Gateway extension under scrutiny
Port St. Joe commissioners want to hear a whole lot more.
From the Paces Foundation, which is proposing an extension of its existing Gateway Apartments complex, and from residents of the neighborhood most impacted by the addition of 26 new units.
During their regular bi-monthly meeting Tuesday, commissioners discussed at length a proposal from Paces despite deciding early on that a workshop would held, ultimately scheduled for next month.
Paces has requested three specific items before moving ahead with what would be a $4.7 million project.
The foundation requested a percentage reduction in impact and tap fees equal to the first 50 apartments, 25 percent, a reduction in the number of parking spaces from 2 per unit to 1.5 and no requirement to construct another entrance.
The hiccup from the get-go has been about an additional entrance, with commissioners insisting there needed to be one and Paces countering that construction of a new entrance would be cost-prohibitive to the project, particularly if delineated wetlands were involved.
The foundation proposes to add 26 new units, noting it has three dozen applicants currently on its waiting list.
There are also 16 units that are empty at this time due to water intrusion; mold abatement has been completed, a Paces representative said.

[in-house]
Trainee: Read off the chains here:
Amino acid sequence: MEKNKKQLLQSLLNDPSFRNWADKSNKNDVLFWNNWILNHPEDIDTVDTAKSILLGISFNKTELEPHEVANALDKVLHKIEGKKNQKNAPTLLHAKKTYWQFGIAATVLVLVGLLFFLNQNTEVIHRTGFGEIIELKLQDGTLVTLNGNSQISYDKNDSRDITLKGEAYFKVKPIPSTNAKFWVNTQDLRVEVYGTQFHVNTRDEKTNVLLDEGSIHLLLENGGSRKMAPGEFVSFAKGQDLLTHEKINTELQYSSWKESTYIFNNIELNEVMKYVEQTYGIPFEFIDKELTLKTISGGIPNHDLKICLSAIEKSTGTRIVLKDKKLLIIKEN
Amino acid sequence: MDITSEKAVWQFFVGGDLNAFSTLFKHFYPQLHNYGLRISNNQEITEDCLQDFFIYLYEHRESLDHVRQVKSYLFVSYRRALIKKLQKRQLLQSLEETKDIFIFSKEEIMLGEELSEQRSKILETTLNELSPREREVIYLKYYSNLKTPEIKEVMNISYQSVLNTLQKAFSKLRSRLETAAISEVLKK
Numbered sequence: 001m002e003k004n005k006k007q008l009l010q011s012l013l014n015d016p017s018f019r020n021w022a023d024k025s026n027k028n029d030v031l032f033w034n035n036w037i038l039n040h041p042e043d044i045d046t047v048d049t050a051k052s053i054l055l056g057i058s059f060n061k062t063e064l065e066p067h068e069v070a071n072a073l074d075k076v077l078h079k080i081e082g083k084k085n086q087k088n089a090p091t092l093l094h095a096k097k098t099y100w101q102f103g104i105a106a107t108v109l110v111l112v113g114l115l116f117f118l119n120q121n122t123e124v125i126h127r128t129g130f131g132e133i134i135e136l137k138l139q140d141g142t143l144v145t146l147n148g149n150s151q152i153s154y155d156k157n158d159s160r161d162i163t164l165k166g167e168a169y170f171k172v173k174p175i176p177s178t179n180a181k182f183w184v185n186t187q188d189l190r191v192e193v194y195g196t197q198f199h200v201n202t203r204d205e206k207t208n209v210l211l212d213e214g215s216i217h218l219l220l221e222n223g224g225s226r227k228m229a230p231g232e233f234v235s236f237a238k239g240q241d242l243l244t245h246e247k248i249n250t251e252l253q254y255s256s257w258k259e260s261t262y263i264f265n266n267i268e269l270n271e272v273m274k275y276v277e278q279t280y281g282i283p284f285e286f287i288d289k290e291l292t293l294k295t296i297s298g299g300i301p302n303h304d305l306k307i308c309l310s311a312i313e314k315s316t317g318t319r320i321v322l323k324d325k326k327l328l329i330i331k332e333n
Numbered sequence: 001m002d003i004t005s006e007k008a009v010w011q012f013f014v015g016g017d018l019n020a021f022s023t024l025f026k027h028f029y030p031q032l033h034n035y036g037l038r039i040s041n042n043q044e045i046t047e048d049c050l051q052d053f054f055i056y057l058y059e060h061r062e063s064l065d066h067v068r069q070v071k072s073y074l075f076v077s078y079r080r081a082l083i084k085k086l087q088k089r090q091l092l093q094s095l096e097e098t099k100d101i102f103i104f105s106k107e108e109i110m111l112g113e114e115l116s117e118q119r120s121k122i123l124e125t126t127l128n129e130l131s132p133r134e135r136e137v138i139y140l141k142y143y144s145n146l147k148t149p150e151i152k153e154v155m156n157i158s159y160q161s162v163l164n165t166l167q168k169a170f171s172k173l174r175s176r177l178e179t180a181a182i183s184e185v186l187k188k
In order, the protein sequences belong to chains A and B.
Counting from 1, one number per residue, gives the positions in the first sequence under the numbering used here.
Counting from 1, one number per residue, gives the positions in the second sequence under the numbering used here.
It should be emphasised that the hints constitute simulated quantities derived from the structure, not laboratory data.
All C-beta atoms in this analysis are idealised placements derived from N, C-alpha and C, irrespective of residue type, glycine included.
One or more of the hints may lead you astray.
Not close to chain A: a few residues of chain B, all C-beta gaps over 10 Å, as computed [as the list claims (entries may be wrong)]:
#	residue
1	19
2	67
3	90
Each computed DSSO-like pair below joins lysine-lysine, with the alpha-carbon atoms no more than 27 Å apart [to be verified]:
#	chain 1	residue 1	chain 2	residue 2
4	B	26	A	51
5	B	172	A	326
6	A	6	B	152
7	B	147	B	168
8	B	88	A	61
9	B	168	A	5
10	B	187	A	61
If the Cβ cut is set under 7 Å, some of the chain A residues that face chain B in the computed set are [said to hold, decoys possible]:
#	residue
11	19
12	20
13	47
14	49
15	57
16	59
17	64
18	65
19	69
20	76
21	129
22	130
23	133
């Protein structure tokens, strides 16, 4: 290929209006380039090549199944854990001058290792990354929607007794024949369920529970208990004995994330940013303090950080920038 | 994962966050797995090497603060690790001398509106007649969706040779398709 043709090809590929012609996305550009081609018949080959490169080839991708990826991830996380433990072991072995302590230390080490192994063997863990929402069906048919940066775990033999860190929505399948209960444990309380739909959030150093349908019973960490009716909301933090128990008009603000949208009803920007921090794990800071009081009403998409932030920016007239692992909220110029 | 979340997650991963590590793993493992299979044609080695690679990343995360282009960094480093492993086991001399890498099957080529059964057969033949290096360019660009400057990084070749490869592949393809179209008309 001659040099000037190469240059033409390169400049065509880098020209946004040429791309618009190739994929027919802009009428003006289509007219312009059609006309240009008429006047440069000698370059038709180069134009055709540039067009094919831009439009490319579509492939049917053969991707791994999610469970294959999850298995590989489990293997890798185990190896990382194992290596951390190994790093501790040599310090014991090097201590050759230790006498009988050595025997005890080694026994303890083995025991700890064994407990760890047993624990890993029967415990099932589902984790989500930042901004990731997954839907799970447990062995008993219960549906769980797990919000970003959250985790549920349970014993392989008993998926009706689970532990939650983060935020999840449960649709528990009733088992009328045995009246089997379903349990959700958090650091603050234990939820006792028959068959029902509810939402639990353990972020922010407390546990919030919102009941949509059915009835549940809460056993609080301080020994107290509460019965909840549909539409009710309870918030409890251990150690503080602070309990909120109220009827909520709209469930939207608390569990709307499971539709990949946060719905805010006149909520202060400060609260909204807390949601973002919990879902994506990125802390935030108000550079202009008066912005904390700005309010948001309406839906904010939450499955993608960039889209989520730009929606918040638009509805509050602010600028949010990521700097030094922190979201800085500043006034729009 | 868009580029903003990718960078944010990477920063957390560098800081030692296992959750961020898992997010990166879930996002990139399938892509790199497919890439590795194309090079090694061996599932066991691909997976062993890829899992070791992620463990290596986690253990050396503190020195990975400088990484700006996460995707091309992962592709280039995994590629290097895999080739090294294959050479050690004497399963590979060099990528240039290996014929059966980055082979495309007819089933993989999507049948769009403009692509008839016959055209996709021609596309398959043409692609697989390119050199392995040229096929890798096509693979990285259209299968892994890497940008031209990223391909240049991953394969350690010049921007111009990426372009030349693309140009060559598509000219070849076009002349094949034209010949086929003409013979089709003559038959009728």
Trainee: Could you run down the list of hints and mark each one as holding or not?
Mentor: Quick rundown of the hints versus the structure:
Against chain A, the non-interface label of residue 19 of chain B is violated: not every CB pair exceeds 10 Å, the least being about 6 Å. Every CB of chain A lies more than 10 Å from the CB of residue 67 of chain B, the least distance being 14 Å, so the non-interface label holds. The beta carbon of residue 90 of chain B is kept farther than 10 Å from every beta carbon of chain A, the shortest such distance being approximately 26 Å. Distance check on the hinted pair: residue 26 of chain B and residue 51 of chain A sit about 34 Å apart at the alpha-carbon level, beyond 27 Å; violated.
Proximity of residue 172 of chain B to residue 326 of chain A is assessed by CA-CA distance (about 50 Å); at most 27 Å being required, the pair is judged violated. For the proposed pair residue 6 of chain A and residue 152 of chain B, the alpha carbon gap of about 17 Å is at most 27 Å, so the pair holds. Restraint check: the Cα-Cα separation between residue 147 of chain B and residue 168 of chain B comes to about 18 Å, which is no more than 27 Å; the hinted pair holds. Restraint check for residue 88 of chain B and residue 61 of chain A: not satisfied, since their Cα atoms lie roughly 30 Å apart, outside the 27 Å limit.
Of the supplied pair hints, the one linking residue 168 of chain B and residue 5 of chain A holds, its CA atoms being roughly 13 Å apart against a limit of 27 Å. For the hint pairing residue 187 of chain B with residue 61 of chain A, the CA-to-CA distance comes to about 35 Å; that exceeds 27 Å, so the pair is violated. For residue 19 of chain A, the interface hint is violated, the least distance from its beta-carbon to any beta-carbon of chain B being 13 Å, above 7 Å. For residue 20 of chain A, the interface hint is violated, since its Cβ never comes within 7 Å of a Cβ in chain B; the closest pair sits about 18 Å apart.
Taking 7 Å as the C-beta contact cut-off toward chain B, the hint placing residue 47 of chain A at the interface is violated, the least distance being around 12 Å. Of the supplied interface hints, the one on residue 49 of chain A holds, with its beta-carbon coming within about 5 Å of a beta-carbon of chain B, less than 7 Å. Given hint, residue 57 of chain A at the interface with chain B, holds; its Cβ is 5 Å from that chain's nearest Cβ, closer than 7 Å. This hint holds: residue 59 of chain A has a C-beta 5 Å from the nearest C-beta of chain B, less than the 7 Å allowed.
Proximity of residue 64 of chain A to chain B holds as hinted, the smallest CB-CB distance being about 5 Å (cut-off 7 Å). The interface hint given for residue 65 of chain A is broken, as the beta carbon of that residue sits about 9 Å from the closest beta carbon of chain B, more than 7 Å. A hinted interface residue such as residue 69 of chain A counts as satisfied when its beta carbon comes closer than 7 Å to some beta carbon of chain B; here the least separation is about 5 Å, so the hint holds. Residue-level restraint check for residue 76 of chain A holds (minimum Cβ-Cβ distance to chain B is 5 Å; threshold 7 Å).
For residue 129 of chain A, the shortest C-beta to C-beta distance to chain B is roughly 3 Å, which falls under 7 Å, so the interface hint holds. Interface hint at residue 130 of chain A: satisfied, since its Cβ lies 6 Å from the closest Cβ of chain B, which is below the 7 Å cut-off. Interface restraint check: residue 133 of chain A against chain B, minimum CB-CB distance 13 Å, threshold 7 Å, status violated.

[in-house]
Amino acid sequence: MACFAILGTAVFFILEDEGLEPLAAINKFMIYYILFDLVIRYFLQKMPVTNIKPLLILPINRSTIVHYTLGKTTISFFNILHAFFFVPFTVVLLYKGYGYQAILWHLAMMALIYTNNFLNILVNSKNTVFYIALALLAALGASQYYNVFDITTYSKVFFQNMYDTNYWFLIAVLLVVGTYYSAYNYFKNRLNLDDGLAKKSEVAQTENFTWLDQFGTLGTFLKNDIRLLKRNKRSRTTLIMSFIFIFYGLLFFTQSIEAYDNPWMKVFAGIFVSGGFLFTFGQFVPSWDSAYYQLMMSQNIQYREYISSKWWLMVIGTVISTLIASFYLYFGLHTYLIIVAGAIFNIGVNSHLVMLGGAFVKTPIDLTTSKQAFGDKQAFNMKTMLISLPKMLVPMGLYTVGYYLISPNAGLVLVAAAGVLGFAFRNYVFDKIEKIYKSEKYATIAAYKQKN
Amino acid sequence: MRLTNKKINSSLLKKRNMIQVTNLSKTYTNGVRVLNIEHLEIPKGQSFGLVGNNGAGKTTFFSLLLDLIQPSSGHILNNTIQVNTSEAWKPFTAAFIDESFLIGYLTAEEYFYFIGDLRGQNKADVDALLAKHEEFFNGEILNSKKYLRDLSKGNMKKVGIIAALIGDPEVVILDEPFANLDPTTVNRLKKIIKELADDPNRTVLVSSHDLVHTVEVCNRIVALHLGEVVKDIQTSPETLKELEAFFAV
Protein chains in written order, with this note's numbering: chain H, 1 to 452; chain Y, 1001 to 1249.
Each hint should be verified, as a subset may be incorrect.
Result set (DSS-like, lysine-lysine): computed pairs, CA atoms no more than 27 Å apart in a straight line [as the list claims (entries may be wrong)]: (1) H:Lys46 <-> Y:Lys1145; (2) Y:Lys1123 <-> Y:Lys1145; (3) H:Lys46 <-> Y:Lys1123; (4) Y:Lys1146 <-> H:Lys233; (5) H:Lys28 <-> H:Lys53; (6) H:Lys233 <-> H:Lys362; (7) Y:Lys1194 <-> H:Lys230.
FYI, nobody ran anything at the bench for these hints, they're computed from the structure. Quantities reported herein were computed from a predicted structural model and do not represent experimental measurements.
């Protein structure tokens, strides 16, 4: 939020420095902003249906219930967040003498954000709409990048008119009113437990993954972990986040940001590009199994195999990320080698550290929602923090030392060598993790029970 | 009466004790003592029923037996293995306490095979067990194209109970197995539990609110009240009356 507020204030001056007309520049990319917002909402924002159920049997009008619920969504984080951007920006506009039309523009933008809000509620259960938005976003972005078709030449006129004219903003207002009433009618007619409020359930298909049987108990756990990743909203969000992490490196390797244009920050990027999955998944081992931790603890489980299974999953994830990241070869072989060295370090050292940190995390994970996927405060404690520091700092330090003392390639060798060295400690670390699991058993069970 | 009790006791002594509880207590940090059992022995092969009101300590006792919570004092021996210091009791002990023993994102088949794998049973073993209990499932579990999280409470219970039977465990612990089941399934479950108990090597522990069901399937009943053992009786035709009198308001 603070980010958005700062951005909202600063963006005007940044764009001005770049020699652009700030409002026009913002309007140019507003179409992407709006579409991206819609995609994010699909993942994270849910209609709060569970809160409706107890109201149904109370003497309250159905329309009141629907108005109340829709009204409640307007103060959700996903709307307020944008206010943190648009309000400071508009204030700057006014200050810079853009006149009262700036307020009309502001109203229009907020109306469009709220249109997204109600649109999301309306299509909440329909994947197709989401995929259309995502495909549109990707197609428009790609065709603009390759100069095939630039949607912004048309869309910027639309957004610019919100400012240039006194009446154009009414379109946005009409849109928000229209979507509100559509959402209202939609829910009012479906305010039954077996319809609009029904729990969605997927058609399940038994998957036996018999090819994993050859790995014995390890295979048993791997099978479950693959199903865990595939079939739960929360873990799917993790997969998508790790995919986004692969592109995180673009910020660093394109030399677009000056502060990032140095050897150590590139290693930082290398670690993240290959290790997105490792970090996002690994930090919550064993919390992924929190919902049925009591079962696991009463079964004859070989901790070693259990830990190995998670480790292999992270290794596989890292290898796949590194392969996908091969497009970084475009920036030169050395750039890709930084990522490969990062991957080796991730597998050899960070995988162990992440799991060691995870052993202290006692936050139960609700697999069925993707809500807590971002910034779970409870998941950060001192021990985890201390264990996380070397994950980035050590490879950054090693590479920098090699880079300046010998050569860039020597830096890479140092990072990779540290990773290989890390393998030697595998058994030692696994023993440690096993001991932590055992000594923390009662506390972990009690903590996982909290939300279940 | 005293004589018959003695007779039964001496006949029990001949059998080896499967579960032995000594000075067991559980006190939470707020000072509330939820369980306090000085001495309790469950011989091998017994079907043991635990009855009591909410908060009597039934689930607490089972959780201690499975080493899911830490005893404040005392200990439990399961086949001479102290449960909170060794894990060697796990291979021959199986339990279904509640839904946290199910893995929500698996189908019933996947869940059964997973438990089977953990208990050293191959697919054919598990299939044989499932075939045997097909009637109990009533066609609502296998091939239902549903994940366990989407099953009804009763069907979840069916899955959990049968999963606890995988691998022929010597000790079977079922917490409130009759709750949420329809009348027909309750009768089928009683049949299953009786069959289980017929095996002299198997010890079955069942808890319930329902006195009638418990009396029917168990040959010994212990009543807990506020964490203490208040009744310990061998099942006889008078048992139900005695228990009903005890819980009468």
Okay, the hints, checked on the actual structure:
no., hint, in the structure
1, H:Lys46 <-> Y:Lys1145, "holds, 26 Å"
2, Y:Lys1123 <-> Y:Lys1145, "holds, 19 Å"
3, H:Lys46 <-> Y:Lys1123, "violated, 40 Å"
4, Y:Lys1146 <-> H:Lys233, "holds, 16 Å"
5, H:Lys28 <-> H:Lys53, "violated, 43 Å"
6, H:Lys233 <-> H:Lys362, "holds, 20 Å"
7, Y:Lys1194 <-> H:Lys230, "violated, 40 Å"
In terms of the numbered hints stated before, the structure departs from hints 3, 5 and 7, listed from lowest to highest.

The foundation also conducted a traffic study, though commissioners and residents alike characterized it as seriously flawed.
Commissioners also expressed concern about the negative impacts of 26 new units, and vehicles, into the area without a new entrance.
“My concern is to move the project forward while having the least negative impacts,” said Commissioner Scott Hoffman, adding that the people most impacted were in the two blocks surrounding the complex.
“We need to give these people a way to be heard,” Hoffman said.
Police Chief Matt Herring said that since Gateway opened it has been the most-frequent location for calls, mostly domestic issues.
But resident Tan Smiley, who shepherded Gateway into Gulf County as a county commissioner, said the issue is simple.
“We need the housing,” Smiley said. “We need those apartments.”
Another resident, however, noted that given the rental structure required due to the use of federal grant dollars in the project, many working people have too high an income to be eligible to live at the apartments.
Commissioners acknowledged that Supervisor of Elections John Hanlon had informed them it was too late in the process to place the question of two- or –four-year terms for city commissioners on the ballot this spring.
Commissioners said they hoped to hear from the public about term lengths and could consider putting the question before voters in a future year.
Commissioners also decided to move forward with adopting a process by which a candidate for commissioner may qualify by petition or pay the qualifying fee; currently the city does not have a petition process.
Any change will not impact this year’s election: candidates must pay $516 to run for office.
“My intention is to get more people involved, not only in these meetings but in running for office,” Hoffman said.
“We should start as a community to open up the discussion on the pros and cons.”
Election Day in Port St. Joe will be May 12 with candidate qualifying beginning March 18 and ending March 25.
Hoffman (District 4) and Commissioner Brett Lowry (District 3) are up for re-election.